It’s here. Finally, it’s here. It is officially Fair Week!
Debbie and I rarely miss a day of the Clinton County Fair. When I first met Debbie in 1987, her Dad, Vaughn Reynolds, was a member of the fair board.
Later, my mother-in-law, Doris became a member of the fair board, and for many years, she also ran the fair board office. If you walked into their office, Doris was usually the person that helped you or directed you to the right place or the right person.
Being part of the county fair was a family thing with the Reynolds Family. It was pretty much expected that we would be there every day. I just didn’t realize that, as a member of the Reynolds family, we were expected to be there all day – every day.
So, on the first day of the fair in 1987, I put on a pair of faded, old blue jeans and my scruffy old work boots and Debbie and I headed for the fairgrounds. I pretended that I knew what was going on.
I tried to look like I belonged, but I didn’t have a clue.
Other than going to the fair to sell Sno-Cones for the Wilmington Optimist Club, this was going to be my first real visit to the county fair. Oh, sure, I had spent time on the midway hawking frozen-icy treats, but I’d never enjoyed the unique fragrance of the hog barn. I had never tip-toed through poo-piles in the cattle barn. I had no idea that sheep wore coats.
In a 4-H-kinda way, it was going to be my first official visit to a county fair.
I was born in Dayton. When I was still an infant, the family moved to Germantown. My earliest recognition that there was a distinct difference between town kids and country kids came in the form of school buses. No matter where you lived within the village limits of Germantown, you were only about a mile from the school. So, if you were a town kid, someone drove you to school or you walked.
Anyone who lived outside the village limits, rode the bus. At the end of each school day, the bus kids got to leave the classroom about 15 minutes earlier than the walkers. I guess they wanted to get the school buses out of town before the town kids hit the streets.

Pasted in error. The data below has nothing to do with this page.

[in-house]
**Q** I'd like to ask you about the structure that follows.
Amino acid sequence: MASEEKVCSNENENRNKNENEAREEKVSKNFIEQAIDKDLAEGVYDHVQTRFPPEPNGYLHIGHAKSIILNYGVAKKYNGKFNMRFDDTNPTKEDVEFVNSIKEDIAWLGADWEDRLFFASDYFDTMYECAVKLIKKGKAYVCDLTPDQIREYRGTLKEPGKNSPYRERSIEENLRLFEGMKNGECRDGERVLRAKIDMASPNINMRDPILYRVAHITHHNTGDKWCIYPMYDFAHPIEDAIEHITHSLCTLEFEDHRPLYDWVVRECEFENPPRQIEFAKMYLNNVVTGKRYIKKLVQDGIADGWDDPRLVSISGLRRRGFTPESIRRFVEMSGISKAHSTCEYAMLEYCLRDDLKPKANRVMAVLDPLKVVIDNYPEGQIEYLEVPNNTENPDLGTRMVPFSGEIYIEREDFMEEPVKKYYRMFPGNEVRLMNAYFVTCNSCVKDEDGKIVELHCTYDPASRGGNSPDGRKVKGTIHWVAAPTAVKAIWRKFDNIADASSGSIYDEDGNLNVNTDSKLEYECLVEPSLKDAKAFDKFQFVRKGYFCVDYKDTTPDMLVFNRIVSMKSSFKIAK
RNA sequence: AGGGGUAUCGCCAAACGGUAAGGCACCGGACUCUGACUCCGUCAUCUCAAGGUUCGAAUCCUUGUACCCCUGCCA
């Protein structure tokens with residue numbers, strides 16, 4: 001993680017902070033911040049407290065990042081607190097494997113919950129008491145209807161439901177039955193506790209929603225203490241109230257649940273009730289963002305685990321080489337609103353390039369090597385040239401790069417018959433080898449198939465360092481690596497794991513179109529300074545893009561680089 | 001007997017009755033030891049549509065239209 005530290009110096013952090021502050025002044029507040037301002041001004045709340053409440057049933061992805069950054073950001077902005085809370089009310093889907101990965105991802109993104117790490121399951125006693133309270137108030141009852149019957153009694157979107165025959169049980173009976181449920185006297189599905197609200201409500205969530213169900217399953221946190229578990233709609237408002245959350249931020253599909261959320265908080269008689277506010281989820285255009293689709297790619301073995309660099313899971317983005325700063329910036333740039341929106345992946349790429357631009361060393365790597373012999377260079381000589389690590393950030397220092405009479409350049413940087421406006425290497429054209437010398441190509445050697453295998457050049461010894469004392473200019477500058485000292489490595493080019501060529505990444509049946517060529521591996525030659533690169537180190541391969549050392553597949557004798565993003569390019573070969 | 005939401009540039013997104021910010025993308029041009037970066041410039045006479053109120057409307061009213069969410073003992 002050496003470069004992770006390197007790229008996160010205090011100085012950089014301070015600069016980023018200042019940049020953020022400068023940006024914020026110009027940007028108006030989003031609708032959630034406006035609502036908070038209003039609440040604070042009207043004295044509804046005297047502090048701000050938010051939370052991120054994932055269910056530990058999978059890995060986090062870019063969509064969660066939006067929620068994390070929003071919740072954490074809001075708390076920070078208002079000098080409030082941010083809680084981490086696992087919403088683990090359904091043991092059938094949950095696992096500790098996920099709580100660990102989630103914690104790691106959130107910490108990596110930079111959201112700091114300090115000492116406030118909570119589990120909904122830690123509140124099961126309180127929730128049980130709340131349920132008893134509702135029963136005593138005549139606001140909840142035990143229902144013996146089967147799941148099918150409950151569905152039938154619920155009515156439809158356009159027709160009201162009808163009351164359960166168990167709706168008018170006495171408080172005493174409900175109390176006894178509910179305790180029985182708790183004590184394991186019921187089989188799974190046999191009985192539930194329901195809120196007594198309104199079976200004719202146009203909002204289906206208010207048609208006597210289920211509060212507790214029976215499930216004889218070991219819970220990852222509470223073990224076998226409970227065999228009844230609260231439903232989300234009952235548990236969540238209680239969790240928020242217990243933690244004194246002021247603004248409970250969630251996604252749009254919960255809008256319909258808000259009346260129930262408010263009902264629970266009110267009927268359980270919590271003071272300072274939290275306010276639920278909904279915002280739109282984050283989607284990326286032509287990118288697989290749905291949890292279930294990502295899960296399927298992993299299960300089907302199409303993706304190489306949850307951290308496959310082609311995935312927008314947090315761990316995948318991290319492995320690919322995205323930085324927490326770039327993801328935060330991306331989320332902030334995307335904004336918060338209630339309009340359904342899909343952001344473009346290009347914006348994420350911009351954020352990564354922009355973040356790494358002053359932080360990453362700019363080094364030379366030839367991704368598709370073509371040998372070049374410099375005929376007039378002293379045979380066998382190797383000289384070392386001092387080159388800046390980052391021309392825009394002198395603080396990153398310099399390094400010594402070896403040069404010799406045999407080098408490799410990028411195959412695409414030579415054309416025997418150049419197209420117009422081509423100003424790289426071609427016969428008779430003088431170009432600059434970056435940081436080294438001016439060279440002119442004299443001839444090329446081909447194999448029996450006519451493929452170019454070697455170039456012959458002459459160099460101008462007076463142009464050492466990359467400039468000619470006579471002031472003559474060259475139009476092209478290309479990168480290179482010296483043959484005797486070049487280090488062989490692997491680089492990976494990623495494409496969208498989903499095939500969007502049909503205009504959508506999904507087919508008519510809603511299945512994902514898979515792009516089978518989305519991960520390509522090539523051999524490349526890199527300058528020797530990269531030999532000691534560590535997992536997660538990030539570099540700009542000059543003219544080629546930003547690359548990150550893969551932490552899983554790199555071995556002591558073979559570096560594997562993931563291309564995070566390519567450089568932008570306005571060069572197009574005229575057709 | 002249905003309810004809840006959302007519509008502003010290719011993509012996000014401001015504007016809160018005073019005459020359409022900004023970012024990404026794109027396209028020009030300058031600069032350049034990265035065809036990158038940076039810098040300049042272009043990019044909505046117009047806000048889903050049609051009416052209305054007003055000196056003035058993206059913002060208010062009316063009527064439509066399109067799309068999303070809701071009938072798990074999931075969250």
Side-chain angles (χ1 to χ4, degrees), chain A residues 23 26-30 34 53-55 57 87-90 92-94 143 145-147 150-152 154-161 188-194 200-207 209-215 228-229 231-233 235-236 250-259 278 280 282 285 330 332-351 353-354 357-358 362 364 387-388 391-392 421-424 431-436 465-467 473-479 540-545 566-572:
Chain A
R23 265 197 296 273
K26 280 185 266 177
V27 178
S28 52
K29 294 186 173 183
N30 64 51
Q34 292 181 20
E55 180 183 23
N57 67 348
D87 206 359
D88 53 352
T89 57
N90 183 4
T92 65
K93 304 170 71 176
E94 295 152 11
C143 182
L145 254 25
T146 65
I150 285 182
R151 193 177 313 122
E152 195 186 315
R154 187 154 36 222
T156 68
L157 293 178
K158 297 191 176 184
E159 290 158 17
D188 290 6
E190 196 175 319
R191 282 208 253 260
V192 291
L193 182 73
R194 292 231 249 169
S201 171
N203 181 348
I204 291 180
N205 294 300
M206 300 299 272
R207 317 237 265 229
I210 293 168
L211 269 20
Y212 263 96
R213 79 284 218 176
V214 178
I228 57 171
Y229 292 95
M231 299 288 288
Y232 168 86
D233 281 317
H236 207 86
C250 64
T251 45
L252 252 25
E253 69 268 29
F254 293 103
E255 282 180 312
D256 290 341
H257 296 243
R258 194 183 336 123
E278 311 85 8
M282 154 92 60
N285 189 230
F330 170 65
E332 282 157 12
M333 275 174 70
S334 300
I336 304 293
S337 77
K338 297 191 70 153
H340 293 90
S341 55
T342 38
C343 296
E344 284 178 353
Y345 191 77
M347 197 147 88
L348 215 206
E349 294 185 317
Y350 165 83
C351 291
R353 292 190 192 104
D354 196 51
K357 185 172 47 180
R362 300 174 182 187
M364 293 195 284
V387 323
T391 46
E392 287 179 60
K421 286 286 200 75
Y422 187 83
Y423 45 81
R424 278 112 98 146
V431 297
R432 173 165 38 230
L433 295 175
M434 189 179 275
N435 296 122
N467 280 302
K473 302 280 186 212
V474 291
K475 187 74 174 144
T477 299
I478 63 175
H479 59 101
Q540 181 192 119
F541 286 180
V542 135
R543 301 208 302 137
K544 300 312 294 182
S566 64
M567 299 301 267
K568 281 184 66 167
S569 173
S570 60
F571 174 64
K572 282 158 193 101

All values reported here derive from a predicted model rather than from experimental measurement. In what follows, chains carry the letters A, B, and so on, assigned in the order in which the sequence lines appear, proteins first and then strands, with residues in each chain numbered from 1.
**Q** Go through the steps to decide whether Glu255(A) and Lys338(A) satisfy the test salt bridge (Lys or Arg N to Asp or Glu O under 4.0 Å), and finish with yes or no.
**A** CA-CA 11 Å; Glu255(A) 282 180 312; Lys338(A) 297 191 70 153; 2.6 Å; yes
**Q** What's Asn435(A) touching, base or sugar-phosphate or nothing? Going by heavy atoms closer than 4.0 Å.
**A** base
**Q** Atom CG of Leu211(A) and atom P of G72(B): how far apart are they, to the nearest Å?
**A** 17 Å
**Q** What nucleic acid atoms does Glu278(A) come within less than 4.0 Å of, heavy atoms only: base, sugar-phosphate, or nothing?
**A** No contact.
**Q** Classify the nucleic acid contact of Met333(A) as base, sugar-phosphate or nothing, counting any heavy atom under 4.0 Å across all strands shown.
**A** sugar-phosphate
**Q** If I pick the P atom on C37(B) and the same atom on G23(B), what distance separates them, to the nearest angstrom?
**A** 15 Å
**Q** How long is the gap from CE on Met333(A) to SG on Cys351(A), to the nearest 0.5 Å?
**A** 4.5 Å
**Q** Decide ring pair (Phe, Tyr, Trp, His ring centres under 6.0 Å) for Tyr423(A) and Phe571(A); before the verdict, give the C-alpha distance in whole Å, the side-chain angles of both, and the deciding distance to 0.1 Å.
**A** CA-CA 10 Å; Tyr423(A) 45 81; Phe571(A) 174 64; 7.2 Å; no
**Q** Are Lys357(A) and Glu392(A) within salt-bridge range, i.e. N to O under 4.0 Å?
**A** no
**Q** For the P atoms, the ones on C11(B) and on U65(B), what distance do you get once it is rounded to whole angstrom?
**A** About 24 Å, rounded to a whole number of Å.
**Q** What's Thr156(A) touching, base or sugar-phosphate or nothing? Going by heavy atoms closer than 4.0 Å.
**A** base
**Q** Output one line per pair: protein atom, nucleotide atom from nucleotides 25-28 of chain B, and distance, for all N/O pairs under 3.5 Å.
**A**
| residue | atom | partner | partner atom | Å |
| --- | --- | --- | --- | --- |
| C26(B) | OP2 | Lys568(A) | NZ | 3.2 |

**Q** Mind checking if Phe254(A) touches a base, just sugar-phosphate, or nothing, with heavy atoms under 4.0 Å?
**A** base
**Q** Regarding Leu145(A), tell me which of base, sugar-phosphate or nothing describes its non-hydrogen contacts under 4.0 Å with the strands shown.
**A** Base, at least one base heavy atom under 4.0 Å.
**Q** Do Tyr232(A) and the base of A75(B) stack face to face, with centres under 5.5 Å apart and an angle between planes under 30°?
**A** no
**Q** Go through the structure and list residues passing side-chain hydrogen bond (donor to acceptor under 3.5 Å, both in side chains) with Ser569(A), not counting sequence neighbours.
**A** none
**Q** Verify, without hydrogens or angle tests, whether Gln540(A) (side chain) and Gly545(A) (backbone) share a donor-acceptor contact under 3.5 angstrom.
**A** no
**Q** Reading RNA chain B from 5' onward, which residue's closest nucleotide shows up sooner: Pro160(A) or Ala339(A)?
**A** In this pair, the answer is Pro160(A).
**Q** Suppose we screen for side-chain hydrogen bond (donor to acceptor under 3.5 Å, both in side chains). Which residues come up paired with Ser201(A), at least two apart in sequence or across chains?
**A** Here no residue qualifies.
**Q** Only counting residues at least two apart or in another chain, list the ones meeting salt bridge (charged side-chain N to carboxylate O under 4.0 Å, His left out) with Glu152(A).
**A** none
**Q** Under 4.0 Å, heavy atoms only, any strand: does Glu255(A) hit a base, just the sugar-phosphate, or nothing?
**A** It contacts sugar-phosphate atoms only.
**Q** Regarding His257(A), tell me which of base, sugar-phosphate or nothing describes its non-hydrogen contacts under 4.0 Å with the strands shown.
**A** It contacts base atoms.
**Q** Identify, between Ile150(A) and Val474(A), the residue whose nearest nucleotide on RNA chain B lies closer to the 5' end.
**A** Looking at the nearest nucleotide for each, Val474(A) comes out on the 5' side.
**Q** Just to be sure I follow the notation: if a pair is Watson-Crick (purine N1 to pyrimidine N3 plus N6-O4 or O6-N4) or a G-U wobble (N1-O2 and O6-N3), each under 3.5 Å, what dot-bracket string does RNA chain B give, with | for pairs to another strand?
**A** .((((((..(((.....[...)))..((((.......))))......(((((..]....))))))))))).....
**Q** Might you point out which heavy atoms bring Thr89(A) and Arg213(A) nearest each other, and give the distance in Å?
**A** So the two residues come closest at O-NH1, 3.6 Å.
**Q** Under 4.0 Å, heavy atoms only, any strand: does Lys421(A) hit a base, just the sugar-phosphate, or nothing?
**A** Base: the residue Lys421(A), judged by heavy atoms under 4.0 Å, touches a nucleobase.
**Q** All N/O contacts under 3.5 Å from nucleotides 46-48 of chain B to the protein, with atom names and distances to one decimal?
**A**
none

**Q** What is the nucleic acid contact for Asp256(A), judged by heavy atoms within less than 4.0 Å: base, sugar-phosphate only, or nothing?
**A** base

That was a completely different time in American history. The Riley Family lived the traditional 1950s lifestyle. Dad worked in a factory. Mom stayed home and worked raising the four Riley children and keeping our little house on South Maple Street in tip-top shape.
It was a small house, but Mom worked hard to make it a wonderful home for the Riley Family. Growing up, we could easily identify with the situation comedies on TV about life in the suburbs. “Leave it to Beaver” and “Dennis the Menace” could have been filmed right there on South Maple Street.
We grew up with neighbors all around us, except for the back yard. Farmer Smith (that was really his name) plowed and planted right up to our backyard fence. He also maintained a huge red barn near our backyard. That’s the closest I came to being a country-kid; watching Farmer Smith’s corn grow and getting in trouble for playing hide-and-seek in his barn.
Then… I married into the Reynolds family.
The old phrase – “Fake it until you make it,” applied to me. With my old work boots and faded jeans, I looked like I should have fit right in.
I knew the difference between a steer and a dairy cow, but that was about it. I was amazed by the variety of hogs that were snorting around the hog barn. The rabbit barn was filled with a huge variety of bunnies, none of which looked anything like Bugs Bunny or Peter Rabbit.
That first trip to the 4-H end of the county fair opened up a whole new world for this town-boy.
A few years later, my daughter started living with her stepfather on a farm just south of Port William. They specialized in raising hogs. Jessi’s stepfather and grandfather were both Farmer Smiths (really).
They taught her how to be a country kid and those lessons became a huge part of her life and have made her into the dedicated farm mom she is today. Her kids (our grandchildren) have daily chores that include watering and feeding cattle and hogs. For many years, they raised chickens and gathered eggs every day.
Jessi grew up immersed in the country life. Now, she’s passing that rural upbringing on to her kids.
It’s a beautiful life. As a young girl, she helped herd hogs around the hog barn. Now, as a farm mom, she and Sean are up to their necks in the county fair. It’s a wonderful life.
Yep. Our grandchildren are school-bus-riding-country-kids. Debbie and I are still going to the fair almost every day, but now, it’s even more fun. Someday, I might even go the state fair.
Honestly, I still have never been to the Ohio State Fair. At least, not yet.
Randy Riley is a former Mayor of Wilmington and a former Clinton County Commissioner.